OCVA's anti-SLAPP Initiative
May 18, 2001 alert
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Most of you probably will not be surprised as to the outcome of HB 2460 from the Senate Judiciary Committee. While the good news is that it passed the Senate Judiciary Committee (4 aye, 0 nay, 3 absent), the BAD news is that the House version (which passed 50-8) has been substantially amended. We are including a link to the Corvallis Gazette-Times article "Senate panel OKs anti-SLAPP bill", which touches on some of the provisions which have been removed from the House version.
In short, the preamble which acknowledges that SLAPP suits are a problem and how much damage they do to the public process has been removed. But Representatives Schrader and Shetterly both assure us that we can have this reinserted (in the House debate for the record) when it comes back to the House for a vote of concurrence.
Attorney's fees can still be awarded to the prevailing defendant if they are successful, but can also go to the plaintiff if the court decides that the special motion to strike is frivolous and that defamation did occur. The provision for awarding punitive damages to the defendant (if they prevail) has been removed. However, according to a conversation with Pring and Canan (professors and authors of "SLAPPs, Getting Sued For Speaking Out"), judges rarely award punitive damages in this type of case anyway, and other avenues are available under existing statutes (ORS) in extremely egregious cases which can be pursued for a punitive damages award.
"Special motion to strike" is now being referred to as just a procedural change under existing civil statutes (ORCP 21A), i.e., "a motion to dismiss". By dropping the preamble and adding this clause, our opponents are trying to avoid the acknowledgement that SLAPP suits shut down the debate on public policy issues and are a special class of lawsuit which calls for "special motion to strike". But if we can get the preamble back into the record during the vote in the House to concur (or not) at least there will be something in the record containing the intent and purpose of this legislation.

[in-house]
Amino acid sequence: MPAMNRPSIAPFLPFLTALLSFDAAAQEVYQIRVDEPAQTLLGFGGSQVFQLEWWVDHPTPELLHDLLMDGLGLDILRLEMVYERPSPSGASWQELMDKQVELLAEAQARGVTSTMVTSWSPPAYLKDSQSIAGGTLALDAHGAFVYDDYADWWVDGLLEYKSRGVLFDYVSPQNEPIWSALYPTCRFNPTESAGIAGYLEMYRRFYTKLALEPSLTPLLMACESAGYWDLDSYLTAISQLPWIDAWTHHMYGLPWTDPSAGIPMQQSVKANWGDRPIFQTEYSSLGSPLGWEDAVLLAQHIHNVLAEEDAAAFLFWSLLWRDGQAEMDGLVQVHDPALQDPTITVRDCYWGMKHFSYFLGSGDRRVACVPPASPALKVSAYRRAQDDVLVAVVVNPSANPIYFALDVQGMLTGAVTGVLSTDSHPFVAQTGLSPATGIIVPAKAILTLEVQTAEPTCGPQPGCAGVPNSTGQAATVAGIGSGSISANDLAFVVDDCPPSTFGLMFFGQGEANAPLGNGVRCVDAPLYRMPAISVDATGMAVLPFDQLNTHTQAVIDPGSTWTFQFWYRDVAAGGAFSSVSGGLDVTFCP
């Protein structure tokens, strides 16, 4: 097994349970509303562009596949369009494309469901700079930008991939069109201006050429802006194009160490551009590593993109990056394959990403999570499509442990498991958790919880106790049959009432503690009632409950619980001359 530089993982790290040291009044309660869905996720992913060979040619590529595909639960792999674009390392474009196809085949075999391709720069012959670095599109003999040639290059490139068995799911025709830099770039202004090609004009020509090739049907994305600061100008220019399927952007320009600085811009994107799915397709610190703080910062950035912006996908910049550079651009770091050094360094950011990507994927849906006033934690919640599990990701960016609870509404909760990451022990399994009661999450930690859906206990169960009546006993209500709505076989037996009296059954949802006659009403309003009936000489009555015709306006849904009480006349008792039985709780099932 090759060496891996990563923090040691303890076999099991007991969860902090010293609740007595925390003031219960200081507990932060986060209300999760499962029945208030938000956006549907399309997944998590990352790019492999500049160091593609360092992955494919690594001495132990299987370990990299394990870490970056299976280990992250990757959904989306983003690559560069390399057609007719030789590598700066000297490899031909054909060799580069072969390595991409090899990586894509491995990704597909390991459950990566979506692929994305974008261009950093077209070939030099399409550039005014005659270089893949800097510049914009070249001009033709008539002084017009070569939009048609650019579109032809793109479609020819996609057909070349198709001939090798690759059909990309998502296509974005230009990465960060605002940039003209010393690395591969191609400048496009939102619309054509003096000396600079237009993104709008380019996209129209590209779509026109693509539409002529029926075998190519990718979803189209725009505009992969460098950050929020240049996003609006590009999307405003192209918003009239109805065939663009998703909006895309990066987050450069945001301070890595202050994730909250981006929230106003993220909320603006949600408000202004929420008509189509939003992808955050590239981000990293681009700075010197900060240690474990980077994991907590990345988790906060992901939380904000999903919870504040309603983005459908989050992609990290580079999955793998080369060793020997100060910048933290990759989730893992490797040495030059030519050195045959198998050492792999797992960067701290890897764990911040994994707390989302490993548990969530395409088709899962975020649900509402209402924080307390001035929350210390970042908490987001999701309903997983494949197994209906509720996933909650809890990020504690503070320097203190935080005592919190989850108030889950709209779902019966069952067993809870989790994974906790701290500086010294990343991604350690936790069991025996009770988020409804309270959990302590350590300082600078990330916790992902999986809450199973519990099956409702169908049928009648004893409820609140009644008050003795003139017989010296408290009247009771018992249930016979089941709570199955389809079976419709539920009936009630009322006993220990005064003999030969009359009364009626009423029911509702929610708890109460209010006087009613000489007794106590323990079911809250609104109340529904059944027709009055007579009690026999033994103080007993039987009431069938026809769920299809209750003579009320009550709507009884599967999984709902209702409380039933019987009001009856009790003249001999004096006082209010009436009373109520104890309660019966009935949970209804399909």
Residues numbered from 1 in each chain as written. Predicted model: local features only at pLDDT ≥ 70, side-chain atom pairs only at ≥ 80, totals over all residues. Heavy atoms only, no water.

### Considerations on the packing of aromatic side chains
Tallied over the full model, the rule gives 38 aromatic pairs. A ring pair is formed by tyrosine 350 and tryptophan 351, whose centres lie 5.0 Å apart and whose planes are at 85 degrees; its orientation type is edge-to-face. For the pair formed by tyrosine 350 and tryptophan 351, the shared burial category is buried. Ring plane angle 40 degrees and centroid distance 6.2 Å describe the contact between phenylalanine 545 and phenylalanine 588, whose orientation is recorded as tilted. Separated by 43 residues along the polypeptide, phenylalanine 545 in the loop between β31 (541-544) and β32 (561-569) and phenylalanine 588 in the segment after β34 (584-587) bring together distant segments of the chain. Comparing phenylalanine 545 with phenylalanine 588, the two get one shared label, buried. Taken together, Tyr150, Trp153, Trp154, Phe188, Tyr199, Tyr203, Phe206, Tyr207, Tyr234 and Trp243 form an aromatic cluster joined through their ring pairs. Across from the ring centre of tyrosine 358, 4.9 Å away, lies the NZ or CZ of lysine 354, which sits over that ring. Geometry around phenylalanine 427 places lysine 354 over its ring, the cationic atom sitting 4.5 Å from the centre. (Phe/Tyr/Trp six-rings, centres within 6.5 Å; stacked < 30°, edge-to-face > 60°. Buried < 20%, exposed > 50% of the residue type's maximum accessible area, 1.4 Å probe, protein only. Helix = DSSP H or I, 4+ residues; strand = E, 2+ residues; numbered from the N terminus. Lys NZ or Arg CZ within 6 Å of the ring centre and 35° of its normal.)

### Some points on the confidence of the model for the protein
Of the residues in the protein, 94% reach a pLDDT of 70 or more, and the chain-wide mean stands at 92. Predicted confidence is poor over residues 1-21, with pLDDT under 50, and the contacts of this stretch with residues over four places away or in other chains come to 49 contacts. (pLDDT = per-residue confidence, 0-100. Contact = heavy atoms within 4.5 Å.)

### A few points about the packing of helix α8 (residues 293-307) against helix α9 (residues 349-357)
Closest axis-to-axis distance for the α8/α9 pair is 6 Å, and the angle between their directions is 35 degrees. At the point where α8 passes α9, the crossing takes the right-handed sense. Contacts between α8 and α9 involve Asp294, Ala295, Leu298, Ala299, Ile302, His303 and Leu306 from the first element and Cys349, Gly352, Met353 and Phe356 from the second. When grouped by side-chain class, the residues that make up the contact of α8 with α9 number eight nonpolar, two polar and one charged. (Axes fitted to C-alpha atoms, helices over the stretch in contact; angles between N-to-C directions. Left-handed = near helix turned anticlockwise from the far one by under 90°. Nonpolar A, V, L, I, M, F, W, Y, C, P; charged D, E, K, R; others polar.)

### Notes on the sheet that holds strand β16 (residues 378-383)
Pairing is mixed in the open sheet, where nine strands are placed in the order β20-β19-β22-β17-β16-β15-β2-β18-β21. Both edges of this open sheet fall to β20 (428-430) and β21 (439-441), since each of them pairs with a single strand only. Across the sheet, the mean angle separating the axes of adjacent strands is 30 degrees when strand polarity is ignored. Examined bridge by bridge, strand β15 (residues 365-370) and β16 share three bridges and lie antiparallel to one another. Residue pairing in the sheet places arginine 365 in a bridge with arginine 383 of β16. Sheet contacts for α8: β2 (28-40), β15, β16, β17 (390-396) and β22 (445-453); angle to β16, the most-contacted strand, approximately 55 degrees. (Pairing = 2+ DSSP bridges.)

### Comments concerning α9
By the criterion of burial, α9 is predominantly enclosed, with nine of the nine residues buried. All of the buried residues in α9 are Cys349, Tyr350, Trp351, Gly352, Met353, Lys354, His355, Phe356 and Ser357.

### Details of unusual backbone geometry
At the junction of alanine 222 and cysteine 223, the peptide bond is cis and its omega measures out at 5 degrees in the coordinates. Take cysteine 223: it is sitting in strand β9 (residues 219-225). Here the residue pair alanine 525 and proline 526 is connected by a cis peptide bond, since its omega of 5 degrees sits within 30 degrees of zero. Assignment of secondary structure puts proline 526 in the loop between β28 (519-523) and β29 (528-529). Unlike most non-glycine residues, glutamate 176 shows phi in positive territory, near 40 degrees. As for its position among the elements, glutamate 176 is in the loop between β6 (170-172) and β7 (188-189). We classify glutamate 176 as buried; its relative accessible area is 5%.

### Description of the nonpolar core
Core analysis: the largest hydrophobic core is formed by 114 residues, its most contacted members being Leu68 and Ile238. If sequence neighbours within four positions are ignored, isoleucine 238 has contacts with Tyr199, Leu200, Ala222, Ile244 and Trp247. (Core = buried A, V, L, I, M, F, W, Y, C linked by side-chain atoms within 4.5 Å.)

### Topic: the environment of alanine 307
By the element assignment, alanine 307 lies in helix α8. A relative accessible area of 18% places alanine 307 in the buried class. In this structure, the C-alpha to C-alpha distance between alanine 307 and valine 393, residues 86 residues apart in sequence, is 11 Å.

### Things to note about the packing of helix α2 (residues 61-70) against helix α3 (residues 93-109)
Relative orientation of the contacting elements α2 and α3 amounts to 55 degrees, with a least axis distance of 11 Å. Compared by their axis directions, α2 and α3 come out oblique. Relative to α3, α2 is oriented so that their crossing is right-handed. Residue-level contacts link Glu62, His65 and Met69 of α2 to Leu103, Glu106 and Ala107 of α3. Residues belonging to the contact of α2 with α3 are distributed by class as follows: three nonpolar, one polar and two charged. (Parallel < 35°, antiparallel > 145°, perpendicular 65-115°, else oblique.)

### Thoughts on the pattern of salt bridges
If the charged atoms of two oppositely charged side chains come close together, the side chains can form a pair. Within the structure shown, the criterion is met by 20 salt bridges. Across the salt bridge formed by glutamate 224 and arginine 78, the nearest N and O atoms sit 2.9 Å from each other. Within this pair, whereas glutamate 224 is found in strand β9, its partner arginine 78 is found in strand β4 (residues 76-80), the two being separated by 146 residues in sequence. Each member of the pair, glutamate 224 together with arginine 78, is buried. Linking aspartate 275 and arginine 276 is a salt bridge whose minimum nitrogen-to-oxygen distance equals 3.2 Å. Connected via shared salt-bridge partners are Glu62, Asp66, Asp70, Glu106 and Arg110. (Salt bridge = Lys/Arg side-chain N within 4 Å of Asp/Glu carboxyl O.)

This bill should now go to the Senate floor for a vote but we don't know in how timely a manner this will occur (or if it will occur at all). Then it will have to go back to the House for a vote of concurrence. If the House votes to concur, it stays in its present form. If the House votes not to concur, the Senate president will likely appoint a conference committee to work out the chambers' differences. If that happens, we will have another chance to regain some of the original integrity of the bill. But for now, to keep the bill alive, we are urging organizations and groups NOT to withdraw their support of HB 2460--even though they may be justifiably disappointed in the behind-the-scenes wheeling and dealing which has taken place to weaken this most needed legislation.
The reality is this: numerous individuals and organizations have worked very hard for years to expose the real issue behind SLAPPs, which is to use lawsuits to prevent public policy issue debates from taking place. This legislation, unfortunately, is probably all that is politically attainable in this session.
We've been told to "take it or leave it", and many of our membership and board have said that OCVA's integrity, in supporting this amended bill, is at stake. However, it isn't OCVA's integrity that's at stake in this ugly process. It's the integrity of leadership in the legislature, which constantly caves in to lobbyists and special interests who don't give a damn about the greater public good, as well as the first amendment. Remember what they say: what goes around, comes around. November elections will come around again. Let's elect people who have some integrity.
We'll have to be tolerant and patient in waiting to see if the SLAPP bill makes it to the Governor's desk. We've been told he will sign it. If it makes it that far, it might not be the bill that we want and have worked for but (and more importantly) it will be over the objections of our opponents who have done all they can to deny that SLAPP suits exist and that they cause damage to the democratic process.
This legislation is a very public statement that SLAPPs cannot be tolerated and that they damage Goal #1, citizen involvement. We should all take this as a victory in and of itself and be proud that our work has presented the legislature with viable anti-SLAPP legislation--even if it has been watered down.
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Access a wealth of background information prepared by DLCD, including previous testimony and editorials:
This page last modified on 2005-09-19 08:39.